By David Dawson
Baptist and Reflector
FRANKLIN — The oversized check was just a prop. The significance of the moment, however, was very real.
During a recent ceremony at the Tennessee Baptist Mission Board’s Church Support Center in Franklin, TBMB president and executive director Randy C. Davis presented a Goliath-sized check to Augie Boto of the Southern Baptist Convention Executive Committee.
The amount was for $500,000,000, which represents the recent plateau that was reached by Tennessee Baptists in the category of Cooperative Program Allocation gifts to the SBC. Davis said the milestone speaks volumes about Tennessee Baptists’ commitment to sharing the gospel.
“This is a moment to celebrate,” said Davis. “It’s an honor to say that Tennessee Baptists have a rich history of generosity firmly rooted in our Great Commission calling. When you look across the giving landscape of Cooperative Program, Golden Offering for Tennessee Missions and disaster relief, you see that Tennessee Baptists truly understand what it means when we say that ‘together we can do so much more. ’ ”
Ronnie Floyd, who was elected president and CEO of the SBC’s Executive Committee in April, said the milestone provides Tennessee Baptists with a reason to be excited about the future — and proud of their past.
“When you think of all the people whose lives have been impacted for the gospel through these gifts, I believe passing this milestone is significant and one we must all celebrate,” Floyd said. “Tennessee Baptist churches are to be commended for their commitment to advancing the gospel to their state, our nation, and the entire world. … The Southern Baptist Convention thanks Tennessee Baptists!”
The Cooperative Program has been a visible and vibrant part of Baptist culture for almost 100 years. Initially approved during the Southern Baptist Convention meeting in Memphis in 1925, it was developed as a means of helping Baptists fulfill the Great Commission. Now, almost a century later, CP remains as important as ever.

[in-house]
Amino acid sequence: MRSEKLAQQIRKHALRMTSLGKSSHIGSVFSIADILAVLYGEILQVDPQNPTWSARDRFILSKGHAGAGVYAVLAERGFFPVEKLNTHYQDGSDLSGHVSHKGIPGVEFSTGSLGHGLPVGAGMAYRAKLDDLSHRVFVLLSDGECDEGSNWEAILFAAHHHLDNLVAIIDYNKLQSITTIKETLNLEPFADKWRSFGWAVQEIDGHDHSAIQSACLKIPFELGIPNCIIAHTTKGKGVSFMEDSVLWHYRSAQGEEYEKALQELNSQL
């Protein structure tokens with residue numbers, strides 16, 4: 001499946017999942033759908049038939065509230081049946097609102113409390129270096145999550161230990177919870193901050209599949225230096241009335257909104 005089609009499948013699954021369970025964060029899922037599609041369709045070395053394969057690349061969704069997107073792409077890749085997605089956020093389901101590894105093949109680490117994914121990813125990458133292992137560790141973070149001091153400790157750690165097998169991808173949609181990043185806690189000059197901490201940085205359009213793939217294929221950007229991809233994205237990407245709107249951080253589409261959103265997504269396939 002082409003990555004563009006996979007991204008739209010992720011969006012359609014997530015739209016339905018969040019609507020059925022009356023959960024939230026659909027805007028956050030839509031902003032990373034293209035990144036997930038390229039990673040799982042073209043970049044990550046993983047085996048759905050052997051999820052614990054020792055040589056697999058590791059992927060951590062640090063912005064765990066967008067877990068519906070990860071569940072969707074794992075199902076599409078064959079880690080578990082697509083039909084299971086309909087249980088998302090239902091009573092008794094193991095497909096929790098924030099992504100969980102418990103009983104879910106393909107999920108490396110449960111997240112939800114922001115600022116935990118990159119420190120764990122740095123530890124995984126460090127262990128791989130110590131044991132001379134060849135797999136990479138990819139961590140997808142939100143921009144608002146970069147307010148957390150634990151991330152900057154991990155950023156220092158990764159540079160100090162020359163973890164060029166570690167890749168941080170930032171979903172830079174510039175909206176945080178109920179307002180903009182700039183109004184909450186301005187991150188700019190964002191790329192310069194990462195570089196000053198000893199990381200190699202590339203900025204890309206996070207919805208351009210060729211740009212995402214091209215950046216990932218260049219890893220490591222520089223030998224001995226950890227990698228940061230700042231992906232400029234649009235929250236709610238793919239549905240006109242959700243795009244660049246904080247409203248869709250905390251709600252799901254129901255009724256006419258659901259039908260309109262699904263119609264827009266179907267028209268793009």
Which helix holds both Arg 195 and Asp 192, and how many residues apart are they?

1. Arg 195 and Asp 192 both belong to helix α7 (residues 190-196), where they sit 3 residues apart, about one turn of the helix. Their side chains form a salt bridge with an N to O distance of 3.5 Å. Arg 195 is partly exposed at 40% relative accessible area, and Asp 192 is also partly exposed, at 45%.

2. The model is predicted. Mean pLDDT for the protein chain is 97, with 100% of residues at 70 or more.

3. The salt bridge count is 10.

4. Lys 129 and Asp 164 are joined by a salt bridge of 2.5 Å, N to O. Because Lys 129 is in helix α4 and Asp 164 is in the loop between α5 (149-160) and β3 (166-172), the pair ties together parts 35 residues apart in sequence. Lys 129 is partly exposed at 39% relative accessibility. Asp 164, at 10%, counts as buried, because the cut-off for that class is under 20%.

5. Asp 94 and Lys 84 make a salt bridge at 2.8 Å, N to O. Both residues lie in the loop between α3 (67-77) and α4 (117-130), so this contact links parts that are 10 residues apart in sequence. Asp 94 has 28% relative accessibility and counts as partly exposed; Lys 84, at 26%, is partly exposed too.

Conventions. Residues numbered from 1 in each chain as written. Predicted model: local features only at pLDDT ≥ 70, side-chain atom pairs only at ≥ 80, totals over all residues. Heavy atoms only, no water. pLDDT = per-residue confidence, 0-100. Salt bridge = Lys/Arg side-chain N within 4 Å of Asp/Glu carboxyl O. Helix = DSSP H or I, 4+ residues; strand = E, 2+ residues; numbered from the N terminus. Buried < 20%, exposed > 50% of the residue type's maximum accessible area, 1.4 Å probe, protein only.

“I believe the Cooperative Program was a divinely inspired gift from God to that generation of Baptists,” said Davis. “Our reality was, and always has been, that we are a network of smaller churches with some large ones sprinkled in. At the same time, we are a going, evangelistic people. The Cooperative Program is a proven method for us to do everything for missions that we, as Baptists, want to do. Even a slight increase in church giving by thousands of churches would generate millions of dollars more for the cause of reaching people for Christ locally, nationally and globally.”
Floyd said the primary reason that the Cooperative Program has remained at the forefront of the Baptist faith is because the calling of Christians hasn’t changed in the past 100 years. And it will never change, as long as the Bible remains at the center of the faith.
“Our missional vision of presenting the gospel of Jesus Christ to every person in the world and to make disciples of all the nations is what makes the Cooperative Program always relevant,” Floyd said. “When we connect with one another around this mission, we can do more together than alone. Celebrating this spirit of cooperation will make this live in the hearts of our pastors and churches.”
The Southern Baptist Convention officially defines the Cooperative Program as a “unified plan of giving through which cooperating Southern Baptist churches give a percentage of their undesignated receipts in support of their respective state conventions and the Southern Baptist Convention missions and ministries.”
At the heart of it all is loyalty. And that loyalty has led to longevity.
“The genorosity and commitment has been passed from one generation to the next,” said Davis. “And that’s what makes it work.”
The future success of the Cooperative Program in Tennessee — and all across the nation — will rest on the shoulders of young pastors and church leaders, who have the task of helping their congregations make CP a high priority.
Floyd said the key to making this happen is continuing to promote the ways in which the Cooperative Program impacts lives for Christ.
“All of us — the Executive Committee, each of our state conventions and our SBC entities — must do all we can to personalize the Cooperative Program,” Floyd said. “Seeing lives changed is why we are calling upon our churches to prioritize, elevate, and accelerate their giving through the Cooperative Program.”